Monday, July 6, 2015

Professional Reading--Should Students Have a Role in Professional Development?

Boss, Suzie (2015, February 26).  Should Students Have a Role in Professional Development?  Retrieved from

This article shows how professional development can come from anywhere!  Thinking outside the box can get teachers learning and experimenting within the community and with those they influence everyday.

How would you feel being taught by those who teach you?  Even if they know the subject inside-out, it could be intimidating.  However, some schools are seeing the benefit.  In Montana, students, who were knowledgeable in the technology of Geographic Information Systems (GIS), were used in a professional development program for staff.  The students were to plan and facilitate the lesson, which ended up being a hands-on learning experience for the teachers (Boss, 2015).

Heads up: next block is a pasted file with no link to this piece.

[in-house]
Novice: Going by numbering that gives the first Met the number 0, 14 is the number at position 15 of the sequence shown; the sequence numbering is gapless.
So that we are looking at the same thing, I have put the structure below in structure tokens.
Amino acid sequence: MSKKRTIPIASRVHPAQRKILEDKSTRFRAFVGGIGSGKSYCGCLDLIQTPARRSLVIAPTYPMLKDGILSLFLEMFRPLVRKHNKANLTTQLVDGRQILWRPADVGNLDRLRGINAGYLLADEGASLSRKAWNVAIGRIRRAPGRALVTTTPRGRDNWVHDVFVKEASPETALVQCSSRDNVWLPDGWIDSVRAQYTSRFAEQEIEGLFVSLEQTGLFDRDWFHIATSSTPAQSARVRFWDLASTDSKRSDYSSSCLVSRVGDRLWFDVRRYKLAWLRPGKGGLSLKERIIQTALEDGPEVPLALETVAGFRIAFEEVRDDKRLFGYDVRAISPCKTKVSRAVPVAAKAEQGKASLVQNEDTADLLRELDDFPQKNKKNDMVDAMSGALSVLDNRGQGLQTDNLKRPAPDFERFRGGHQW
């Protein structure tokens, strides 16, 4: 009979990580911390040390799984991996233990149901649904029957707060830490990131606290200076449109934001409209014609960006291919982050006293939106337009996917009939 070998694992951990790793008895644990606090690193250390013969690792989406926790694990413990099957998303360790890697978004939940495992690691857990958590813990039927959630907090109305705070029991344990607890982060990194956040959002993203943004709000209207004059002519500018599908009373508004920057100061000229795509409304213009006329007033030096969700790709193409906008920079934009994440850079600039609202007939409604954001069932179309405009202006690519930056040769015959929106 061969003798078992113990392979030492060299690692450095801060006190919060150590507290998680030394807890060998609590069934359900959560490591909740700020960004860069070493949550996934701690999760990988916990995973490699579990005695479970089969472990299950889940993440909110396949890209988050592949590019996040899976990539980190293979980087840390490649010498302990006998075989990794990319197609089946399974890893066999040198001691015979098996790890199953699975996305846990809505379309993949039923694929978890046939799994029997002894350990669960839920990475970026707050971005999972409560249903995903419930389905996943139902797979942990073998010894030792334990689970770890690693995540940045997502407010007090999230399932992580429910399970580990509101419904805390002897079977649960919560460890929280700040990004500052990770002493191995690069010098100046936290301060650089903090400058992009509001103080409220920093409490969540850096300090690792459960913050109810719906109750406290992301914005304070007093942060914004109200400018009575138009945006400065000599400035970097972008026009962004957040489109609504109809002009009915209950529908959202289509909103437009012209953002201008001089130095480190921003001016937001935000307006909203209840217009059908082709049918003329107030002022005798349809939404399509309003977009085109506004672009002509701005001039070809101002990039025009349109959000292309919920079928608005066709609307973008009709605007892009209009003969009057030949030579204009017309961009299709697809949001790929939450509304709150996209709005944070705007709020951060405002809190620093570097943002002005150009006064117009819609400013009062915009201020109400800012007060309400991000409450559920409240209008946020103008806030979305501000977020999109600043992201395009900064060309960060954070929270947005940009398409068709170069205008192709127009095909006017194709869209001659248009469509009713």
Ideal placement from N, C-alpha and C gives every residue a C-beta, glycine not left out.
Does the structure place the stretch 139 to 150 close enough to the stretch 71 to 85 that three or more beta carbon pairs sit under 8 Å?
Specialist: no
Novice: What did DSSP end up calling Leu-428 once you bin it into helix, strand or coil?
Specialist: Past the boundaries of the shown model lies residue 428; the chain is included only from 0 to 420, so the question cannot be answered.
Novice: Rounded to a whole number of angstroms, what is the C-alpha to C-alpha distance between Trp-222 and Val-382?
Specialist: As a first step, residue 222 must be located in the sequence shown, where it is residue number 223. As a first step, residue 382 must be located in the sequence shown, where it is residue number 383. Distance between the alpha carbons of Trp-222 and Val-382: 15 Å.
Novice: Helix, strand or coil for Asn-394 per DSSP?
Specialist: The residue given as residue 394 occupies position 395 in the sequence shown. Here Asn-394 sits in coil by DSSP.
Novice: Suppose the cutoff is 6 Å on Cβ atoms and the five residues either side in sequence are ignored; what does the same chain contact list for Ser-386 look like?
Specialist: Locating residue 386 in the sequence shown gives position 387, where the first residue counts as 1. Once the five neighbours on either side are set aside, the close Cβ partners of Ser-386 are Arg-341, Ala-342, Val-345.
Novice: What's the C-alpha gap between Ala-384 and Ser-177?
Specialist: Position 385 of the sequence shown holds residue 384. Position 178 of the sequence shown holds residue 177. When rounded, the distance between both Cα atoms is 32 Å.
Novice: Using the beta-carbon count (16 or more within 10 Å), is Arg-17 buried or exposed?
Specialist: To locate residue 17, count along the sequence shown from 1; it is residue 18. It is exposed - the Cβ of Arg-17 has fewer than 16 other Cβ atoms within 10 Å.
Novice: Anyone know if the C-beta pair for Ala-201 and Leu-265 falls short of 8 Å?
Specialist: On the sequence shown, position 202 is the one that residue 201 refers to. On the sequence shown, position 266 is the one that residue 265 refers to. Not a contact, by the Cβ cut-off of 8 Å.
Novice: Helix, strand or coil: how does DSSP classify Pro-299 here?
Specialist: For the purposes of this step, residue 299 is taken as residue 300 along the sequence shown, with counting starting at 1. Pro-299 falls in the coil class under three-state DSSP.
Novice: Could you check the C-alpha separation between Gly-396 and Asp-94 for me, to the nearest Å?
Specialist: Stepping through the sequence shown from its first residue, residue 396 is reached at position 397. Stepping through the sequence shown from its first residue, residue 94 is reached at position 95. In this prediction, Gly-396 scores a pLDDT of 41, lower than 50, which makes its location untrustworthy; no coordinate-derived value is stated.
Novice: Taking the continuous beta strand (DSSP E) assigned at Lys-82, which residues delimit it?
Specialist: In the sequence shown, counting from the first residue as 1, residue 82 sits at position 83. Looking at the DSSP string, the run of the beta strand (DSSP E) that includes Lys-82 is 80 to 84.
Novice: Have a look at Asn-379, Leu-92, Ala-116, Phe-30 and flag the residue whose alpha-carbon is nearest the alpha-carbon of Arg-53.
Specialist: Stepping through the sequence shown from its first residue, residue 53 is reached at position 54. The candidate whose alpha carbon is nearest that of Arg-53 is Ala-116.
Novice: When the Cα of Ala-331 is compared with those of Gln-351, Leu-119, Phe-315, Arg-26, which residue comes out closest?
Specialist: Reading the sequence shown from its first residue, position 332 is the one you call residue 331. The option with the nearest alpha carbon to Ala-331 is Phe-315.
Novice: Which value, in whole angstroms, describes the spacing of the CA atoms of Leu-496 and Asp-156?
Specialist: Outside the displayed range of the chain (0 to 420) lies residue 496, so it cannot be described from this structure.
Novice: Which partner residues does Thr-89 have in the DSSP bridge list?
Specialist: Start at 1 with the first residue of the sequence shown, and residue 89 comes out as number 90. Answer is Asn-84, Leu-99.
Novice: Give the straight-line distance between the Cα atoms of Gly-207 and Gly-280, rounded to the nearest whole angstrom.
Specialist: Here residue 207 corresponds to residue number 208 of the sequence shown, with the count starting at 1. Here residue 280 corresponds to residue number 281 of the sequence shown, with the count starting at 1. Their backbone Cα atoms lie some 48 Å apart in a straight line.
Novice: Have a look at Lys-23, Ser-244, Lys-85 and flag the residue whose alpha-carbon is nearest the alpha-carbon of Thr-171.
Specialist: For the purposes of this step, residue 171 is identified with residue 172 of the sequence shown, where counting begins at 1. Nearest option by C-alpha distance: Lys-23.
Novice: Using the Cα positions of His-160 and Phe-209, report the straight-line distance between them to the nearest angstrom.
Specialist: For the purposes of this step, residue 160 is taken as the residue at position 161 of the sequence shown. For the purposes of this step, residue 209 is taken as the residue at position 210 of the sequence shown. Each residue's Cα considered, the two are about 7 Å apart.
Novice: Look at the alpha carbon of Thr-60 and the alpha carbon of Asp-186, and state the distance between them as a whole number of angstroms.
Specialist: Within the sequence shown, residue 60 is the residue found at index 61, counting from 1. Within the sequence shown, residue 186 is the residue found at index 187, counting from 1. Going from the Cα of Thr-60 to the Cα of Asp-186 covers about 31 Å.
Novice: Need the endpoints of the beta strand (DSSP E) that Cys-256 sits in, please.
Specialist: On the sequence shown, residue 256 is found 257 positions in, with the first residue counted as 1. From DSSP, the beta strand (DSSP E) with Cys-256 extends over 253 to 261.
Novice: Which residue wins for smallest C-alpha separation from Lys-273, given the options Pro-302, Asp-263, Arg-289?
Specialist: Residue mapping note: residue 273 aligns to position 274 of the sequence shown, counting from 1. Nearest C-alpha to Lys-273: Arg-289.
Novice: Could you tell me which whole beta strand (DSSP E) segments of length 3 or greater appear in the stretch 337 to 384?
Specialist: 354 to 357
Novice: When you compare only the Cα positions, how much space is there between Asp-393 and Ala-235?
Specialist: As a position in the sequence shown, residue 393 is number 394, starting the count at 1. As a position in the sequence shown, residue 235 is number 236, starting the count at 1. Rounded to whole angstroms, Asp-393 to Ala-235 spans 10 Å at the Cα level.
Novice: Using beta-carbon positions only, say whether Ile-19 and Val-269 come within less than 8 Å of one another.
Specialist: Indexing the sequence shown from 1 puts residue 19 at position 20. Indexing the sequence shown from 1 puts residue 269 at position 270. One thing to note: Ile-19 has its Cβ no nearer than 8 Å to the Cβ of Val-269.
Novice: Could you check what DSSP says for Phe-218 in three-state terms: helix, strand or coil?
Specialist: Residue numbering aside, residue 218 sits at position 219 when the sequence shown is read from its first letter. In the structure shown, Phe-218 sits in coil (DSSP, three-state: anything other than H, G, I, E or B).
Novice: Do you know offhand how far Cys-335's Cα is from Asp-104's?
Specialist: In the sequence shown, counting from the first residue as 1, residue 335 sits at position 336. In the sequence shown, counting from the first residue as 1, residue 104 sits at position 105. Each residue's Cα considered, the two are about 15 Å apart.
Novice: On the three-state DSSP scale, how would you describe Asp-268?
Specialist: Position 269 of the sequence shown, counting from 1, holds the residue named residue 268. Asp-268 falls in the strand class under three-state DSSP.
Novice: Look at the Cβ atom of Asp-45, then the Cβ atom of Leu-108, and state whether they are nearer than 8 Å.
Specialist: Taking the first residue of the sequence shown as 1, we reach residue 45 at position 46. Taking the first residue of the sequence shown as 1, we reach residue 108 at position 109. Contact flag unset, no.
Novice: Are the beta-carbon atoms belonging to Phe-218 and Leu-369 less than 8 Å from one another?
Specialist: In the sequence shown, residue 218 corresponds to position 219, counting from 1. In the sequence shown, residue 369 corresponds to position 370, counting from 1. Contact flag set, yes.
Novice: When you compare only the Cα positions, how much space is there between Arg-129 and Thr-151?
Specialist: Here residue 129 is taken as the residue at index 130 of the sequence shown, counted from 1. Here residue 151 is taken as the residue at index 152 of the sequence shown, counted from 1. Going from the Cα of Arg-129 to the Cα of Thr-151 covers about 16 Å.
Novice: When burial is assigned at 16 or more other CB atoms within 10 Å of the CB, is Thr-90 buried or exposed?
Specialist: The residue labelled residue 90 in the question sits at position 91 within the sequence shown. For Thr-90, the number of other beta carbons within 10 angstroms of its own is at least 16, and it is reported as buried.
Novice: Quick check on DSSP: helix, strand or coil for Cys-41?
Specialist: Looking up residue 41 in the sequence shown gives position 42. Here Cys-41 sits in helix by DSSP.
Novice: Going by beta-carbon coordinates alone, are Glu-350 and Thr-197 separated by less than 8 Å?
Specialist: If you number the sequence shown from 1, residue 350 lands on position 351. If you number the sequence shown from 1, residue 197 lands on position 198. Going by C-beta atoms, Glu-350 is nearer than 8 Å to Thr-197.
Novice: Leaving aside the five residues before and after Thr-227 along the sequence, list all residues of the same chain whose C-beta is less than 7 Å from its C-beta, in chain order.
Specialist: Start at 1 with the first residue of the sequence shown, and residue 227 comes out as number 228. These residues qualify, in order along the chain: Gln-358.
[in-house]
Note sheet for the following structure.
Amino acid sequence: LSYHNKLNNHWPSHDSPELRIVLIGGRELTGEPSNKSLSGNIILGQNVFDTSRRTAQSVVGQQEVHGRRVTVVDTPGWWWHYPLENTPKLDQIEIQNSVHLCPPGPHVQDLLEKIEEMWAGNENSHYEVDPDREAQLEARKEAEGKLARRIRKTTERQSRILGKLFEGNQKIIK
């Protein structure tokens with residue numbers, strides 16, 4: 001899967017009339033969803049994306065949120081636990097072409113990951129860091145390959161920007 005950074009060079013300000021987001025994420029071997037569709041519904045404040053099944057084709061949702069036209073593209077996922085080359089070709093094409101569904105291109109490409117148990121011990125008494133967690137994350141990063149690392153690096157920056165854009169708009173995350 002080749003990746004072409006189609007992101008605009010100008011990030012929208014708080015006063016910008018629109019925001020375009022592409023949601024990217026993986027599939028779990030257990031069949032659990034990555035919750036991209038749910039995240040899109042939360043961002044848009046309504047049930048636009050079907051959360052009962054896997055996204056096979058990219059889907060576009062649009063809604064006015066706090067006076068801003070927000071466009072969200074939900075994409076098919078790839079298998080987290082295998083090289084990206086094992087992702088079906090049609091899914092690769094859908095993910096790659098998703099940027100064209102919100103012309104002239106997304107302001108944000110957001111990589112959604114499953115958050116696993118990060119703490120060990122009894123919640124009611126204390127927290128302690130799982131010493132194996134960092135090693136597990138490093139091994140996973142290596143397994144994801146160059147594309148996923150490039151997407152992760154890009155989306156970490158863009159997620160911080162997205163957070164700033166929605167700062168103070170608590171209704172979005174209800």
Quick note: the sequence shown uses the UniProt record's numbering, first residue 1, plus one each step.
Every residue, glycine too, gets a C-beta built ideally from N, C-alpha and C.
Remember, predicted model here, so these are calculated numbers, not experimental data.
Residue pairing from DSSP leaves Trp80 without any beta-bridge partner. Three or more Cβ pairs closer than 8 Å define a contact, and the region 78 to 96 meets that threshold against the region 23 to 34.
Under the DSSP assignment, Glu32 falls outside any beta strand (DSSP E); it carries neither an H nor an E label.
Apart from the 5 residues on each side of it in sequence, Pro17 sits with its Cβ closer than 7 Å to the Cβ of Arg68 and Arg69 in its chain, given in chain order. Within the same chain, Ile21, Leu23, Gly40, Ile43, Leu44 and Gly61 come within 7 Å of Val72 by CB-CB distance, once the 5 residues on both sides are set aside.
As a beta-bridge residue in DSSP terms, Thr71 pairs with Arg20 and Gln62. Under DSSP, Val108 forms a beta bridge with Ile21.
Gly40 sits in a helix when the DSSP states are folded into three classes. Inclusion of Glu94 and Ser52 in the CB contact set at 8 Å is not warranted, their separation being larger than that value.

I think this is important to consider because we never know where our learning can come from.  Perhaps the students may not be able to provide us with strong pedagogy reasoning for doing things a certain way, but they can show us tools and techniques, while also making sure that we see them in a different light.  This can foster empathy and make us think about how we plan units or assess (Boss, 2015).  

We did something similar to this a few years ago when we had students in the middle school teach sessions during professional development time.  Three students each taught a different lesson.  They were Prezi, Pinterest, and WeVideo.  It was very successful; the staff learned something, the students felt empowered, and they received an understanding for what planning for a lesson could entail.

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